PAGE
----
Illegal deforestation on indigenous lands in the Brazilian Amazon increased by 129 percent between 2013 and 2021, a study released by the Sao Paulo Research Foundation revealed.
This illegal activity generated 96 million tons of carbon dioxide emissions, with 59 percent occurring between 2019 and 2021, the study published in the journal Scientific Reports detailed.
The study analyzed 232 indigenous territories and found deforestation in the territories reached 1,708 square kilometers, equivalent to 2.38 percent of the Brazilian Amazon.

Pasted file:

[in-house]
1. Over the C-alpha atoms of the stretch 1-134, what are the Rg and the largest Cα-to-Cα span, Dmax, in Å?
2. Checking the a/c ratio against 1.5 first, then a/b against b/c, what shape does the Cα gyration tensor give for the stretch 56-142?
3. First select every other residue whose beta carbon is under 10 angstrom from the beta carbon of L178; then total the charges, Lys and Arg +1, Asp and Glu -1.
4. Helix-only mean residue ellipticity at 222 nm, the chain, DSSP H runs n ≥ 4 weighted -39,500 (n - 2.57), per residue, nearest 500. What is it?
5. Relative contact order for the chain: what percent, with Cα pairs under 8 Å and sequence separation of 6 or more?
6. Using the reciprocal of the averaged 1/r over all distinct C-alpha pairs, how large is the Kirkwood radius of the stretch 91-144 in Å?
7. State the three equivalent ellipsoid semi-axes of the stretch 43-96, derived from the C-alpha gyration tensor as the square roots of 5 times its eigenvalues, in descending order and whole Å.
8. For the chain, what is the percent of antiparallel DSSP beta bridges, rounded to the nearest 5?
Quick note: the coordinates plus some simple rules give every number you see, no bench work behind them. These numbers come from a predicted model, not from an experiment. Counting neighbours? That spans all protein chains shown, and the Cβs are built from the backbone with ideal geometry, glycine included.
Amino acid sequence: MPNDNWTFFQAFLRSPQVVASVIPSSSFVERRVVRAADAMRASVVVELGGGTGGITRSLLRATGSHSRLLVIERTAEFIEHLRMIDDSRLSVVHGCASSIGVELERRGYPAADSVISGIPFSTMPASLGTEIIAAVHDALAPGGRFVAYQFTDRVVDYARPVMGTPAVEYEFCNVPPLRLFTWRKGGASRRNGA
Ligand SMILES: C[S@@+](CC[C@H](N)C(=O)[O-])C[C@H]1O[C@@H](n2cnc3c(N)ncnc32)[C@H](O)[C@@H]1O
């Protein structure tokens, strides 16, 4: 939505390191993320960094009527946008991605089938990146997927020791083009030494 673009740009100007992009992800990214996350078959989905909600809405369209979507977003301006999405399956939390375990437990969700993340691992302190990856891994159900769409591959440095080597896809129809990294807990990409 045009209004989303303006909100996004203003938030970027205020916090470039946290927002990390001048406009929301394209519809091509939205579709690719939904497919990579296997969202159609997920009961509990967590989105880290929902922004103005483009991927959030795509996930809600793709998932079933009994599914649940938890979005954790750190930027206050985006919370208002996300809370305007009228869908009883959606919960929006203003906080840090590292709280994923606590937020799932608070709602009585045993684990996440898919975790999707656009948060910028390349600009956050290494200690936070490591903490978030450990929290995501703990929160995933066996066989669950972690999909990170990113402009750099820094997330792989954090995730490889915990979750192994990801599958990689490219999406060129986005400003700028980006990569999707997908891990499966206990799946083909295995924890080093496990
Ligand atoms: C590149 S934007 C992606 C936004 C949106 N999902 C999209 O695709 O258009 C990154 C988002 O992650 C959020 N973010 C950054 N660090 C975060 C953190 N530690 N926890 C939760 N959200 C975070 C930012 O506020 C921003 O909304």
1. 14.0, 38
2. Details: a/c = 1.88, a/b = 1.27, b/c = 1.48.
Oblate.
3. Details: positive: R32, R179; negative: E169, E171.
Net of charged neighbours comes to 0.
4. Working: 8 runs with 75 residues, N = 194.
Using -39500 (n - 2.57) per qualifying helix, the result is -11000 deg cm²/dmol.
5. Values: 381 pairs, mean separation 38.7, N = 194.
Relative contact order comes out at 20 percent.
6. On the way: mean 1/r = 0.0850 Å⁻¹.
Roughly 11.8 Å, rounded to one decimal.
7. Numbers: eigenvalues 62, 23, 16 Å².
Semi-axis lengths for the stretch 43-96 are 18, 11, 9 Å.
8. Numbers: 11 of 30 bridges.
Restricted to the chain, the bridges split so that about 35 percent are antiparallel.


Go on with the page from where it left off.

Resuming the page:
“Deforestation also creates other problems inside these areas, such as the spread of diseases and threats to the survival of isolated indigenous peoples,” said Celso Silva, professor in biodiversity and conservation at the Federal University of Maranhao.
Guilherme Mataveli, one of the co-authors of the study, said that indigenous lands are “essential” for Brazil to meet such environmental goals as reducing the impacts of climate change, since the South American country holds 60 percent of the Amazon rainforest.
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